Don’t Worry About It…

I have anxiety, and it sucks.  I wish, with all my heart, that I could just let go and let be…but I can’t.  I want to control situations, know everything, and ask as many questions as I can because I want to be prepared for every single second…yea…I know.  But you know what bugs me the most!?!  When someone says, “Just stop worrying about it…”  Really?!?!  That’s not helpful, at all.  Okay, here’s something for you.  Don’t think about an elephant.  NO MATTER WHAT, do NOT think about an elephant.  I mean thinking about an elephant is just not good for you.  When you think about an elephant you lose focus, your self-esteem goes down, and sometimes you can become irrational…So, please, try your best, and don’t think about an elephant…okay?  Hmm…I wonder what came to mind after reading that…you see my point?

I don’t like having this feeling, and need, to know every single detail, but the unknown is just so scary for me.  Typically, when people become anxious about the unknown, they can rationalize and process through those feelings in a fairly healthy manner.  For Christians, they can just trust that God has it under control, and that He will provide for them as planned.  I believe that, too.  However, I also have trust issues; even with the big man upstairs…

You see, anxiety is not biological or inherited.  It is actually environmental and can be maintained (with A LOT of practice and time).  It mostly involves being aware of your mind and acknowledging what’s going on with your thoughts.  The key is to being aware that certain thoughts will be there, but that they don’t have to stop you from living or experiencing life.  And they certainly don’t have to control the way you react or respond-you can have some say in that.  I know, sounds very ‘therapy like’…I mean it is helpful; I just have to remember that God is truly the only one who can calm my heart and pull me away from the enemies lies.

Anyway, the first time I learned that anxiety was environmental is when I was in my outpatient therapy.  As soon as I heard those words, I couldn’t find blame anywhere, but within me.  It immediately gave me this sense of responsibility and guilt at the same time.  Responsibility meaning:  I can manage this and I need to.  Guilt meaning:  your the reason for all the problems in your life (clearly not from God…).  My therapists, however, did acknowledge for me, that my anxiety formed out of being raised in a hostile environment (being in constant fear for my parents and our lives, in all aspects).  Not that this is where my blame is to be-no, but that it is a dominant factor.  I didn’t have anyone else in my life I could go to, and ask about what I experienced on a daily bases.  I just sat with those feels, those fears, and those questions.  I worried constantly.  Psychologically speaking, this is where I started to develop an irrational filter for processing situations.  Until now, I haven’t actually been taught anything different…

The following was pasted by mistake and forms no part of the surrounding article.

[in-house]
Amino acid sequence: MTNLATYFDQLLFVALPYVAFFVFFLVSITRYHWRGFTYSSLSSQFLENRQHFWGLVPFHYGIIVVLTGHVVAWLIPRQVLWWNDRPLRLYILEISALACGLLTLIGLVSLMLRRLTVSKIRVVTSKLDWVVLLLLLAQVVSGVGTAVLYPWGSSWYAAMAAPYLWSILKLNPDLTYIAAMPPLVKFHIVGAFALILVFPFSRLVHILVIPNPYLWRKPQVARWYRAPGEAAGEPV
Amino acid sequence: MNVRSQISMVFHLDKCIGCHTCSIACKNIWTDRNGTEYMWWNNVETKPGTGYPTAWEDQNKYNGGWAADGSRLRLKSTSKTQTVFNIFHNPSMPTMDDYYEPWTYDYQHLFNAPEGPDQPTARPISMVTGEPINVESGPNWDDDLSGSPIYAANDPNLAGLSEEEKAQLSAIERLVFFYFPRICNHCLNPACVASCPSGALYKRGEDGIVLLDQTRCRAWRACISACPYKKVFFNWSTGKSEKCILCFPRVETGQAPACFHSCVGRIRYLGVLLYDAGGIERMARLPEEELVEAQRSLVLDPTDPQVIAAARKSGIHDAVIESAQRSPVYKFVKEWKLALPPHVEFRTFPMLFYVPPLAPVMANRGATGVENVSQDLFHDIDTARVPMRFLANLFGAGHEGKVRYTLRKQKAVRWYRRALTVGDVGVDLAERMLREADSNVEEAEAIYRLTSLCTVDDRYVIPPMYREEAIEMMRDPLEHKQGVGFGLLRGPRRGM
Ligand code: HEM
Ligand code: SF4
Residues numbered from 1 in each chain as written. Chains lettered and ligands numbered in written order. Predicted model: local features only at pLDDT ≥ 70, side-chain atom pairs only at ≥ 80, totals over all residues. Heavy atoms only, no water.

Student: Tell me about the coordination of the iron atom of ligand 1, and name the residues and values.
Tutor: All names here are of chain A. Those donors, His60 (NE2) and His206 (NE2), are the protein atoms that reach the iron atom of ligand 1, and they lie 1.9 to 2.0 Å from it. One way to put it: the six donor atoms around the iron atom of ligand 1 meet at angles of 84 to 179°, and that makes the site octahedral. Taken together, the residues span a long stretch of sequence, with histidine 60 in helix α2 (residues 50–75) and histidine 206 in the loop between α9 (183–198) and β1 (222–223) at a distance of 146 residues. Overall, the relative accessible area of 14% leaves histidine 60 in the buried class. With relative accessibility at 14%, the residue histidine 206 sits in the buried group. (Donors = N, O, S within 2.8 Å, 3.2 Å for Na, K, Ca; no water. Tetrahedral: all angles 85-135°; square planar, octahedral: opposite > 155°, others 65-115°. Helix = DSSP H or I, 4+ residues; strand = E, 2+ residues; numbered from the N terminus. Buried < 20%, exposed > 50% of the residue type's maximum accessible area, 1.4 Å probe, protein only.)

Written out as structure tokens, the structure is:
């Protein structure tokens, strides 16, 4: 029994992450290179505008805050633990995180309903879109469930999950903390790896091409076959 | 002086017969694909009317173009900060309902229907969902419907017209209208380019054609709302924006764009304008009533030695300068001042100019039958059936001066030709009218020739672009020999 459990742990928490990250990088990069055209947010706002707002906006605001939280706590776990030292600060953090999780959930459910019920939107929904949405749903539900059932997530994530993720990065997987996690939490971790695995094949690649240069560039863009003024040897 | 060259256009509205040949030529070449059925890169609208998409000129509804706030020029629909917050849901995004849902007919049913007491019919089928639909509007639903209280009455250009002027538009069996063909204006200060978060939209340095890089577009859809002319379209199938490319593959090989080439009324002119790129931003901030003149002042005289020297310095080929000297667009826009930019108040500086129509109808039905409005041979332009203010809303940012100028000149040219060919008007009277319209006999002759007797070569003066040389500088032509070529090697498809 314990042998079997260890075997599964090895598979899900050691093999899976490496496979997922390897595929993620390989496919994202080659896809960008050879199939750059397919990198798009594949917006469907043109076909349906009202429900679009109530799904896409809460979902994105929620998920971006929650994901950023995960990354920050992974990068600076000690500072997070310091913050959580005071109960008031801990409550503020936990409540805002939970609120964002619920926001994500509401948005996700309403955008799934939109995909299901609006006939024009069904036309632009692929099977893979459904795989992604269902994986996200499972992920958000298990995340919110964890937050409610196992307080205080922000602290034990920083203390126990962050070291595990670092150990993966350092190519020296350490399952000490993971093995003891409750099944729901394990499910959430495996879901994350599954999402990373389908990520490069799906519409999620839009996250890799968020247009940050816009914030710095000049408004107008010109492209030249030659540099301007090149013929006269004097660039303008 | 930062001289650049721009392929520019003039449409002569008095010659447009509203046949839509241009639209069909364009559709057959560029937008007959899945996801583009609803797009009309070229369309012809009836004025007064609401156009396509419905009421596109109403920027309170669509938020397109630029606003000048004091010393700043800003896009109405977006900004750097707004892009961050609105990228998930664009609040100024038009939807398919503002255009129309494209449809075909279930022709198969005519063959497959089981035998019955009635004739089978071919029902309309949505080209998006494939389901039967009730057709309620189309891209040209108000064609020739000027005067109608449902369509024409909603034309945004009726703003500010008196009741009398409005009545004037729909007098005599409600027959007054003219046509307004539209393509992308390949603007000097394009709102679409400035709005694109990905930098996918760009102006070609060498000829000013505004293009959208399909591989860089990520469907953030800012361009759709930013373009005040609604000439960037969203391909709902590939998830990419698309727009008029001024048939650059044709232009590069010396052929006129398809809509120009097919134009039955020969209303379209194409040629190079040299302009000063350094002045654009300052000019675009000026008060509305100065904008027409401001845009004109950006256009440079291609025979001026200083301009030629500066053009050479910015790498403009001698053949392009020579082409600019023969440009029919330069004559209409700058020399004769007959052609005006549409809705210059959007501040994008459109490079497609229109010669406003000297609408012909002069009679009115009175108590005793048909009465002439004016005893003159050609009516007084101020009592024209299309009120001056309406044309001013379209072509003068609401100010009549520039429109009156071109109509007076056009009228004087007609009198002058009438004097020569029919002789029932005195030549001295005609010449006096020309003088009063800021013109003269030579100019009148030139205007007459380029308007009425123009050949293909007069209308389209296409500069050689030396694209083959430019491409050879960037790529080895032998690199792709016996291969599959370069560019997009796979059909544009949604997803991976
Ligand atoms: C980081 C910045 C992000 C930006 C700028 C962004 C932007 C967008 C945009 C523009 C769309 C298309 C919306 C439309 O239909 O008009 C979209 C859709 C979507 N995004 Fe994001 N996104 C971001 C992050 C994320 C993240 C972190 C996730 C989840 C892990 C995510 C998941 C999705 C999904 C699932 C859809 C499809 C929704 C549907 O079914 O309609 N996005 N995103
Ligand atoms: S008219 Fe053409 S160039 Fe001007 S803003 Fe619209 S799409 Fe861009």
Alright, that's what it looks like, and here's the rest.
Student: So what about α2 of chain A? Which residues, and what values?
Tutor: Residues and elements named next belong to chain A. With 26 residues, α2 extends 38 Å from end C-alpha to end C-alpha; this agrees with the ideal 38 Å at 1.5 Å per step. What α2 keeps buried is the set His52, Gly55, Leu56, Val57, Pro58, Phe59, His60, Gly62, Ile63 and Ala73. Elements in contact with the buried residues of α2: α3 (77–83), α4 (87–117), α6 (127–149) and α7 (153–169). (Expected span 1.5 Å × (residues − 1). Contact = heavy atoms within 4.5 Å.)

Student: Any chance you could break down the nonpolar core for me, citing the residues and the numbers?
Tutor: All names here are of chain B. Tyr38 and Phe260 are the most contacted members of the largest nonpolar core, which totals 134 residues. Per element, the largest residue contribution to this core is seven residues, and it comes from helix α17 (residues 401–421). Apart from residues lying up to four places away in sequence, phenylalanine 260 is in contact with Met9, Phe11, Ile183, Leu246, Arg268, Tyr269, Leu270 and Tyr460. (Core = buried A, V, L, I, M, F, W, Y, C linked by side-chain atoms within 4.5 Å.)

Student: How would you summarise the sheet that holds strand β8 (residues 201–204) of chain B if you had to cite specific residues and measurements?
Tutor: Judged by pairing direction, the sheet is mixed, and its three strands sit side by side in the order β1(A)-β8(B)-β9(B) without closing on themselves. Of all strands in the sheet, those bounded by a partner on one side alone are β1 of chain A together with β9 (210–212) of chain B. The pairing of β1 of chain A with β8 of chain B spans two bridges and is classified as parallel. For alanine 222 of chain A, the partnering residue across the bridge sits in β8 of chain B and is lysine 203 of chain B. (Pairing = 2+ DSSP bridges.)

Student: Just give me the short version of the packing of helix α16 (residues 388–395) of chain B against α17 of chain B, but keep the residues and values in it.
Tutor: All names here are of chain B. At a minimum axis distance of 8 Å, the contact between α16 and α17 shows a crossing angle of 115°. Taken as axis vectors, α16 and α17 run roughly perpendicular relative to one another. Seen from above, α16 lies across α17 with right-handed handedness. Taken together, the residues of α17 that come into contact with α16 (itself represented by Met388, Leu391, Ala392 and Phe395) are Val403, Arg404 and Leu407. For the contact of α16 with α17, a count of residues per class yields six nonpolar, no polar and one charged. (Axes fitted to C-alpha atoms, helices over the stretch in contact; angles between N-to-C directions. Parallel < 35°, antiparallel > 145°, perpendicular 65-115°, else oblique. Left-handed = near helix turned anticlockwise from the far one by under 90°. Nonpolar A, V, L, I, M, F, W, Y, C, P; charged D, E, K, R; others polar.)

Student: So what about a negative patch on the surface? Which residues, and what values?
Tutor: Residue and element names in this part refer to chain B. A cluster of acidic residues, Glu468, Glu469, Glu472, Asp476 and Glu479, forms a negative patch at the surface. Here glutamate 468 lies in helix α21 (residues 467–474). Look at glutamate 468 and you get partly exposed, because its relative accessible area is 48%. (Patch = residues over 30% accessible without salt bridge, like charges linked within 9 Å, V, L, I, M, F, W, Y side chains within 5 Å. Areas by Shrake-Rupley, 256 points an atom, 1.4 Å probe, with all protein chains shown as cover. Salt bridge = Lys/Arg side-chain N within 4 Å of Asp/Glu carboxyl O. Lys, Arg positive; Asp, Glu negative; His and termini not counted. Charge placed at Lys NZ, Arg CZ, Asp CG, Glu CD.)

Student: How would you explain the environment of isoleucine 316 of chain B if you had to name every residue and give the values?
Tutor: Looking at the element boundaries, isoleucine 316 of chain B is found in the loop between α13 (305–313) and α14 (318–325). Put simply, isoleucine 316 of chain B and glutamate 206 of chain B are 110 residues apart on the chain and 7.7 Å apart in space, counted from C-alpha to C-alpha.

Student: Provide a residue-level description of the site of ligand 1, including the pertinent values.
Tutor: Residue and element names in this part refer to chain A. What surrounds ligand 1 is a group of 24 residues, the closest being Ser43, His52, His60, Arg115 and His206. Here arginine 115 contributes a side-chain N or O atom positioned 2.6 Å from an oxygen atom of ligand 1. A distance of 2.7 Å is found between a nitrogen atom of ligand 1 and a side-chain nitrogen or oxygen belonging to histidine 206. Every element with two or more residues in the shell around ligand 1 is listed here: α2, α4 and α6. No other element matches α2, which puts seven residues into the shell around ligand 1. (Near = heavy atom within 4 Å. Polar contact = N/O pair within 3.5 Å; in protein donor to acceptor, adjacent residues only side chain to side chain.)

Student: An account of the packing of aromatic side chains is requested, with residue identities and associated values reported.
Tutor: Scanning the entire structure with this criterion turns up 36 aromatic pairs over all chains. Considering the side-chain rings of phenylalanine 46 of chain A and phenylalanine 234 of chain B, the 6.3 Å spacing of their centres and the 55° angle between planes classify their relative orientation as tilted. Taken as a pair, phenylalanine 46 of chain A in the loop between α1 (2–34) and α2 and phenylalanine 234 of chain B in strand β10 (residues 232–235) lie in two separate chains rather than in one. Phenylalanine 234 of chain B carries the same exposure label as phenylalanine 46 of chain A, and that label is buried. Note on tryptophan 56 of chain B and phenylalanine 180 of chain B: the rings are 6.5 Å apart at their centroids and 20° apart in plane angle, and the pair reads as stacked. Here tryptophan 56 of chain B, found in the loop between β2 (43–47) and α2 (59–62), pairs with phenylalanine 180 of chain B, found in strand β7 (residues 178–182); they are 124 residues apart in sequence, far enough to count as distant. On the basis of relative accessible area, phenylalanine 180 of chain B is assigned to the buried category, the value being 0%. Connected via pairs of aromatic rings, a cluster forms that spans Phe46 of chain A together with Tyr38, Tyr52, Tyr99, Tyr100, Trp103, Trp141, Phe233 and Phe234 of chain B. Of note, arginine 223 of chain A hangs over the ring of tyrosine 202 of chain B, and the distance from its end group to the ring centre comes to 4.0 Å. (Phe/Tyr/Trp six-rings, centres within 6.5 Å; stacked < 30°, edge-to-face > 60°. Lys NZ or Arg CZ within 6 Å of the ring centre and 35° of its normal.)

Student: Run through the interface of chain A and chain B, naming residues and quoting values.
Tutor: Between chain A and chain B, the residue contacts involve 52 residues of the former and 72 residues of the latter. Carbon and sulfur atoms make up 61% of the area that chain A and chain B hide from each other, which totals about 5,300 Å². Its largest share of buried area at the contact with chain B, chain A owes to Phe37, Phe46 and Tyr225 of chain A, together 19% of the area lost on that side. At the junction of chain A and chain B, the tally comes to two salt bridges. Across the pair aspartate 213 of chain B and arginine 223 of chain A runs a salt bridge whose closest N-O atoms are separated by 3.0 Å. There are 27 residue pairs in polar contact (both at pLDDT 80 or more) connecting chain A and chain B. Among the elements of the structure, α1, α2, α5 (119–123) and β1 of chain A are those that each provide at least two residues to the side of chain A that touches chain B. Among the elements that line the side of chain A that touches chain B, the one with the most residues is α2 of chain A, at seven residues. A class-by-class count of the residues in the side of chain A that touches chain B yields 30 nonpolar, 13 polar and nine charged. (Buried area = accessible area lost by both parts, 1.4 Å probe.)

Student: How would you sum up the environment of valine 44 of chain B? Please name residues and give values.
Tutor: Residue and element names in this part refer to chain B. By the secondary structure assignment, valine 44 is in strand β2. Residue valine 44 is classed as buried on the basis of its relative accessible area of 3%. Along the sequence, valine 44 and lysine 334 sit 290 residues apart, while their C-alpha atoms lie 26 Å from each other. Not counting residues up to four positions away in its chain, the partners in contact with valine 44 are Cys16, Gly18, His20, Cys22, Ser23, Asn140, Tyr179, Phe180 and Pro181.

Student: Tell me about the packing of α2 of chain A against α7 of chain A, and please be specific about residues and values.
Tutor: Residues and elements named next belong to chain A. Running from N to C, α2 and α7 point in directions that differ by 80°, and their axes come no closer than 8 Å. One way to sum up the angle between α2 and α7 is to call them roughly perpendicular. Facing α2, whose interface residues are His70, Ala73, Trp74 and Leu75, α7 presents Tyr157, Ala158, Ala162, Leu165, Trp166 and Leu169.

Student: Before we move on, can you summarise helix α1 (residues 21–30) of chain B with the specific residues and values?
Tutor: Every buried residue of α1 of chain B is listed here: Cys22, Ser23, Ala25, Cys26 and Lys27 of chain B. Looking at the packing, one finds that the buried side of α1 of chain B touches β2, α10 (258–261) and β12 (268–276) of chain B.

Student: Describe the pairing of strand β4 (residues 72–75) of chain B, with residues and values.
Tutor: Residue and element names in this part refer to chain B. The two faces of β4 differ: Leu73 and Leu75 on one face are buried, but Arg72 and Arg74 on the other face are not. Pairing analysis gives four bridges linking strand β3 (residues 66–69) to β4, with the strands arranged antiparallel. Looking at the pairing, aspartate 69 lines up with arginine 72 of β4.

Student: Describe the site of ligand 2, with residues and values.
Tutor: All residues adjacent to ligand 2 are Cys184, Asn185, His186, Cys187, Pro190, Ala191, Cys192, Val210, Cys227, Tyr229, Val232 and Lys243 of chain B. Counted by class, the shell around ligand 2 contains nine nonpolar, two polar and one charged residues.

Growing up I cried about 4 out of 7 nights a week.  Angry, frustrated, confused, scared etc.  Most nights, I would wait until my alcoholic Dad came home (or I would be awaken by him slamming the door) and I would listen… Listen to his footsteps, how the floor sounded as he walked across it, what he was mumbling, how he seemed.  I could tell right away what kind of mood he was in, and how the night was going to go…Sometimes, though, my predictions were wrong.  He would often go into my Mom’s room, and wake her up. He would always ask her stupid questions, telling her stories she didn’t care about, and yelling at her because she wasn’t attentive to him…at 3 A.M.  This went on almost every single night growing up.  And every single night, I would hear every single thing they said, and how they behaved.  Worried, I quickly invented a tactic to distract my Dad.  I would get up and walk to the bathroom (which meant I had to walk past my Mom’s room), and subtlety remind my Dad that his food was in the microwave, in the kitchen.  Most of the time, that would redirect him enough to grab it and go downstairs (where he slept) to go to sleep.  My room was right above his and I knew I was successful, when he would turn on the T.V. (very loudly mind you) and proceed to call some ‘buddy’ of his and talk like a 14 year old girl all night…This, is usually what I fell asleep to…Anyway, that was just part of where it all began.  There is so much more in-between…